Published by Postmedia News on Monday June 4, 2012
OTTAWA – Prime Minister Stephen Harper’s cabinet ministers fanned out across the country Monday to counter a “black out” campaign launched by charities that are accusing the government of using budgetary measures to weaken federal environmental oversight and intimidate critics.
Led by Natural Resources Minister Joe Oliver, the cabinet ministers used their campaign to tout the government’s budget plan and its supporting legislation, which would rewrite several environmental laws and significantly reduce the number of federal scientists monitoring Canada’s air, wildlife, waterways and oceans.
More than 500 groups, including some south of the border in the United States, symbolically blacked out their websites to protest the measures in the budget and its supporting legislation, Bill C-38. They claim the plan is the result of intensive lobby efforts from the oil and gas industry.
The groups have also denounced some ministers in government for making unfounded allegations that suggest the groups are involved in criminal conspiracies. The charities further questioned the motives behind increased federal funding for the Canada Revenue Agency to investigate their operations.
Among the allegations, Environment Minister Peter Kent has in the past accused the groups of doing “money laundering” – before admitting it was a “figure of speech.” His Conservative colleagues in the Senate have also suggested Canadian environmentalists are conspiring with aliens from another planet and terrorists.
Oliver and nine other cabinet ministers argued Monday that the budget and its supporting measures would boost economic growth without sacrificing environmental-protection measures and policies.
“Responsible resource development will ensure that our abundant natural resources are developed in a sustainable way for the benefit of all Canadians,” Oliver said at an event in Gatineau, Que., near Ottawa.
Rick Smith, the executive director of Environmental Defence, a charity group that has worked closely with the Harper government in support of its plan to manage toxic manmade substances, mocked the ministers for their efforts to contradict the “black out” campaign.
“The amazing thing is that when these 10 ministers speak, you can barely see Big Oil’s lips moving,” Smith joked at a news conference. “Make no mistake, Bill C-38 is not a simple budget measure. It’s the latest expression of an agenda to dismember any effective federal oversight of environmental protection.”
He noted that the Conservative party never campaigned on any of the policy changes it is now proposing in government, but was pressed into action because of U.S. President Barack Obama’s 2011 decision to delay approval of TransCanada Corp.’s Keystone XL pipeline expansion project, which would allow Canadian oil companies to increase exports to refineries on the gulf coast of Texas.
Smith said that other companies in the forestry, fisheries and mining industry have worked with conservation groups to reduce their environmental footprints and promote sustainable development, but the oil and gas industry is taking an adversarial approach.
“There’s one industry in this country that’s knuckle-dragging, that is aggressive, that is used to getting its own way and that clearly, in the wake of the Keystone XL decision, went like a bunch of crybabies to the federal government, demanding that the government do something to push through these pipeline projects at all costs,” Smith said.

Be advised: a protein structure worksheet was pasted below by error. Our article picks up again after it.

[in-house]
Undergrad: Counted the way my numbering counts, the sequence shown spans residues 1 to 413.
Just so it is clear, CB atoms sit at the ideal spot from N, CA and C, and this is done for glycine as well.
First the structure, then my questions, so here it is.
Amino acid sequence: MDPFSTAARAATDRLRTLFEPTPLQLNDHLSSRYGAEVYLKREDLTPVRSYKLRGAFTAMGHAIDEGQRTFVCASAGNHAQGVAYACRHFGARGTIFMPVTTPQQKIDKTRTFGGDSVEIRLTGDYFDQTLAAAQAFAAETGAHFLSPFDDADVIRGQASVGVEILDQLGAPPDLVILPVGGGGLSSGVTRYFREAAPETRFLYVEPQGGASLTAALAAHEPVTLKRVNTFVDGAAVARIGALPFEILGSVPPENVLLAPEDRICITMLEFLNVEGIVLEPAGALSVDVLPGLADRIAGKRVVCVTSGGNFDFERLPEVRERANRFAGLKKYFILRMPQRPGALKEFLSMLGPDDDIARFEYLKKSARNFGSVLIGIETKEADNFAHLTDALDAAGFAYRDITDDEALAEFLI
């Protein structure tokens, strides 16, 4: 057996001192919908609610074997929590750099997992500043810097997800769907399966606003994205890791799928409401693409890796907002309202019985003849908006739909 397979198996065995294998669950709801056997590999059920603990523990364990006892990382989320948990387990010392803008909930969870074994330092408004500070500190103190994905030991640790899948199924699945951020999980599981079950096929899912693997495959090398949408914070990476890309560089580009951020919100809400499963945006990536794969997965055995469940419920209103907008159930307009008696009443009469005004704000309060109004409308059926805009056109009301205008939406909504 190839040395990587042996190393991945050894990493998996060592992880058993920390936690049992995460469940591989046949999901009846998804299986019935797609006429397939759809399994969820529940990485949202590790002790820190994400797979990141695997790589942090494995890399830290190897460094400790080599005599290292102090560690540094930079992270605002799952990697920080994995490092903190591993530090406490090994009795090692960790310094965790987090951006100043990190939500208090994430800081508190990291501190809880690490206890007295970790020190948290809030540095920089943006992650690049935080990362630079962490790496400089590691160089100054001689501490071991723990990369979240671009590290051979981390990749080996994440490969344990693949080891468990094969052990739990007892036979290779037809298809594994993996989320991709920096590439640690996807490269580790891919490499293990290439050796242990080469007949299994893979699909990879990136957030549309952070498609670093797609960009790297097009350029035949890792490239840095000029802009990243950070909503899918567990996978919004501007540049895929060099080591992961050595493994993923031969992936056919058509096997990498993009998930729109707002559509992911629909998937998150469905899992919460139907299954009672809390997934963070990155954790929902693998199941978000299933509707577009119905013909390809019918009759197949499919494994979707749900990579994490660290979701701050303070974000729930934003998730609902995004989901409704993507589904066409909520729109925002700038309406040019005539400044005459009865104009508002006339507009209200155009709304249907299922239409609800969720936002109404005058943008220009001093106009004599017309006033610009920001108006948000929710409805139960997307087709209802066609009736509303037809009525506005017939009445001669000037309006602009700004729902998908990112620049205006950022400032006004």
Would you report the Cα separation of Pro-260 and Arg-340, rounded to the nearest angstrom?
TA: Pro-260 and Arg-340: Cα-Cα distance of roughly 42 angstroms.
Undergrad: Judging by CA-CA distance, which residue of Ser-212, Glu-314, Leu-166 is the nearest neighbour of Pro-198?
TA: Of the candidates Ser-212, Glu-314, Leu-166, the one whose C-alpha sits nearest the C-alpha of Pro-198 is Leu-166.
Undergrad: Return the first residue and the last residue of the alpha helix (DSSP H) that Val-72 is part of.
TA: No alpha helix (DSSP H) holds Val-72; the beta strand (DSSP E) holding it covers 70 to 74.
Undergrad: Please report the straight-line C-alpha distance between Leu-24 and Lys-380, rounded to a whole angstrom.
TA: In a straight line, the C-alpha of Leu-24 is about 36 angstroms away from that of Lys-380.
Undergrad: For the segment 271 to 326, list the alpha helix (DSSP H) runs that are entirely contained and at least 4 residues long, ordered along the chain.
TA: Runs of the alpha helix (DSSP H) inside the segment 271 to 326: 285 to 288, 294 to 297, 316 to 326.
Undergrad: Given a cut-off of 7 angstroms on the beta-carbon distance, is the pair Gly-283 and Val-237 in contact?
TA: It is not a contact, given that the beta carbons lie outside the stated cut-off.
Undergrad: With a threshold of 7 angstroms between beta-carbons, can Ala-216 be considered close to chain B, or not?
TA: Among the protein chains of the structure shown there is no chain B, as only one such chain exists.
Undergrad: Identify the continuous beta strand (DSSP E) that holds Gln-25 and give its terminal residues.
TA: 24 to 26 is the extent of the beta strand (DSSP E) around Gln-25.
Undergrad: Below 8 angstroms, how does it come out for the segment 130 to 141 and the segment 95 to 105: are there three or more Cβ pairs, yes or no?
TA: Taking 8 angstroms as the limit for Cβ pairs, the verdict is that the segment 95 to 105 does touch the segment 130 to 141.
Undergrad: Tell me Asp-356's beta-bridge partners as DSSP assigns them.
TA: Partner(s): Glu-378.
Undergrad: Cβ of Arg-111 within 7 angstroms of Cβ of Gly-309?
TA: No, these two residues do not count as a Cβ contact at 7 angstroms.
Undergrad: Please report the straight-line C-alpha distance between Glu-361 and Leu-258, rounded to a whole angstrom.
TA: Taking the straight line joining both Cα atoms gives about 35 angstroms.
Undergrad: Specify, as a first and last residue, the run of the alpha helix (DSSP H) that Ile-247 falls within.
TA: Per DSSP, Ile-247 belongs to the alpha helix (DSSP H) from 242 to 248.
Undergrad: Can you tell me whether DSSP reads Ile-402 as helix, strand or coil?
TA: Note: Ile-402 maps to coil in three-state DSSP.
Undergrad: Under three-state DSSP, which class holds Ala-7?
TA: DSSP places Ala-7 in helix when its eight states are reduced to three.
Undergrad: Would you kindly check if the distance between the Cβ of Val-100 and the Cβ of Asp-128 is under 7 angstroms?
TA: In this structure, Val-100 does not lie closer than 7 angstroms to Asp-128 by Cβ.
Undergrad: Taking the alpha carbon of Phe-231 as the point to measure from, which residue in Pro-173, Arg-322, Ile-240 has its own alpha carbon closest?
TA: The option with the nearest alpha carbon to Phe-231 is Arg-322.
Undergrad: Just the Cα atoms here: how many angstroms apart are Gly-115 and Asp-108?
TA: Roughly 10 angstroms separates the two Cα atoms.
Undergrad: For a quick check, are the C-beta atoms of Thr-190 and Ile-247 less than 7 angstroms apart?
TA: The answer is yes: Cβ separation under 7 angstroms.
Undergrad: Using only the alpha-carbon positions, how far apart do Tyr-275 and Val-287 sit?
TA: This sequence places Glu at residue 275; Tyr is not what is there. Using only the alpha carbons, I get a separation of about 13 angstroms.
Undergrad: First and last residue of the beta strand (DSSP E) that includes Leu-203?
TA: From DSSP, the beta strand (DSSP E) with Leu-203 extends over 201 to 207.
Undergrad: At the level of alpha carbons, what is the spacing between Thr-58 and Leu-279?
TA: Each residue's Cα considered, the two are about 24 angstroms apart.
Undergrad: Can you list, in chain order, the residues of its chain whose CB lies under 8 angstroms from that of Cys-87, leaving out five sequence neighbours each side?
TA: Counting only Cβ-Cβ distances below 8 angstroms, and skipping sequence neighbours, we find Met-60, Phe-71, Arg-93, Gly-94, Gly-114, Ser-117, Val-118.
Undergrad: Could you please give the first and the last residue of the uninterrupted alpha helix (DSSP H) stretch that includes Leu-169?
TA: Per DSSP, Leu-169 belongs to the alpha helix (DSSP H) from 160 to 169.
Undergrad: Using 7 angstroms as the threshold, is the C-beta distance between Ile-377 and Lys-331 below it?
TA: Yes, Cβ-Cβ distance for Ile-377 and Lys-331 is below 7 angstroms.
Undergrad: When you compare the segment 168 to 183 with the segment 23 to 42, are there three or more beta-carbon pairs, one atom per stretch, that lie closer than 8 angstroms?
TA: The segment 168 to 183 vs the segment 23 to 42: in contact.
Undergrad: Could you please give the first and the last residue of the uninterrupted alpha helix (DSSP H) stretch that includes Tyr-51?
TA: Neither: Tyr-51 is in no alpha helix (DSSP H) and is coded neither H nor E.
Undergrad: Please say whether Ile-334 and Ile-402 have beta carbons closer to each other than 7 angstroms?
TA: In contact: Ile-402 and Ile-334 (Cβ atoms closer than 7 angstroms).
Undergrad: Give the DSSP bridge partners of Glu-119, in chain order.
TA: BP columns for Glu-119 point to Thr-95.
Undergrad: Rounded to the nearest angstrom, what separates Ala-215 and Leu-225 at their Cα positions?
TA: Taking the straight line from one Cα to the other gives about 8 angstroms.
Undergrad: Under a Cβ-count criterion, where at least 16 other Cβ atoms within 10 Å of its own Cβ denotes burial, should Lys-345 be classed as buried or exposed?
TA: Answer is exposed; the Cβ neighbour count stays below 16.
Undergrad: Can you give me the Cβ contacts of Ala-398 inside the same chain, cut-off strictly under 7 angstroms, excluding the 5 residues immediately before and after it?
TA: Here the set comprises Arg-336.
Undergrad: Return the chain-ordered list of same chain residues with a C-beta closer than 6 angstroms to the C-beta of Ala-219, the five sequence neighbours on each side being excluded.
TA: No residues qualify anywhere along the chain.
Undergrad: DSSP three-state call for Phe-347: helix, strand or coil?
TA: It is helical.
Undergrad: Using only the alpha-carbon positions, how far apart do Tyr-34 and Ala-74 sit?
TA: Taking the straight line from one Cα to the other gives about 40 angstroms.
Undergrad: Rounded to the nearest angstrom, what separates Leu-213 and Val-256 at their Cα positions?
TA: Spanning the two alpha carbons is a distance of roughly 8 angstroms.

“The one commonality of all these changes to environmental statute is that their undermining was on the oil industry’s wish list,” Smith said.
Travis Davies, a spokesman for the Canadian Association of Petroleum Producers, defended the federal government’s proposed overhaul of environmental protection laws, expressing “frustration” that “activists have chosen name-calling over constructive debate.”
He said that regulatory reform is not weakening environmental outcomes.
“It’s about timely decisions, clear process, public transparency and an efficient regulatory regime for all Canadian industries that helps Canada compete for global capital,” said Davies, echoing arguments adopted by the government.
“Today’s blackout campaign completely ignores the fact that regulatory reform is necessary and applicable to all Canada’s major projects (and) industries, and will increase Canada’s competitiveness, ability to attract investment, employment and overall economic strength while continuing to meet the same environmental requirements as previous.”
Davies added the reforms were also positive changes for other sectors, such as mining, forestry, infrastructure and manufacturing as well as other development plans, such as the Ring of Fire in Ontario and Quebec’s Plan Nord.
Quebec Premier Jean Charest has said regulatory reforms were not necessary in Quebec since a joint environmental review process has already reduced levels of duplication.
NDP leader Thomas Mulcair also criticized the government in the House of Commons on Monday for suggesting it would replace a specialized team of Environment Canada smokestack monitoring scientists, by outsourcing work to the U.S. Environmental Protection Agency.
“Usually countries try to take care of their own environment,” Mulcair said. “We don’t outsource it.”
Citizenship, Immigration and Multiculturalism Minister Jason Kenney responded that his government has made more environmental progress than any other regime in “the history of the dominion,” through various measures, such as stronger tailpipe standards for vehicles, restrictions on toxins, and increased enforcement policies.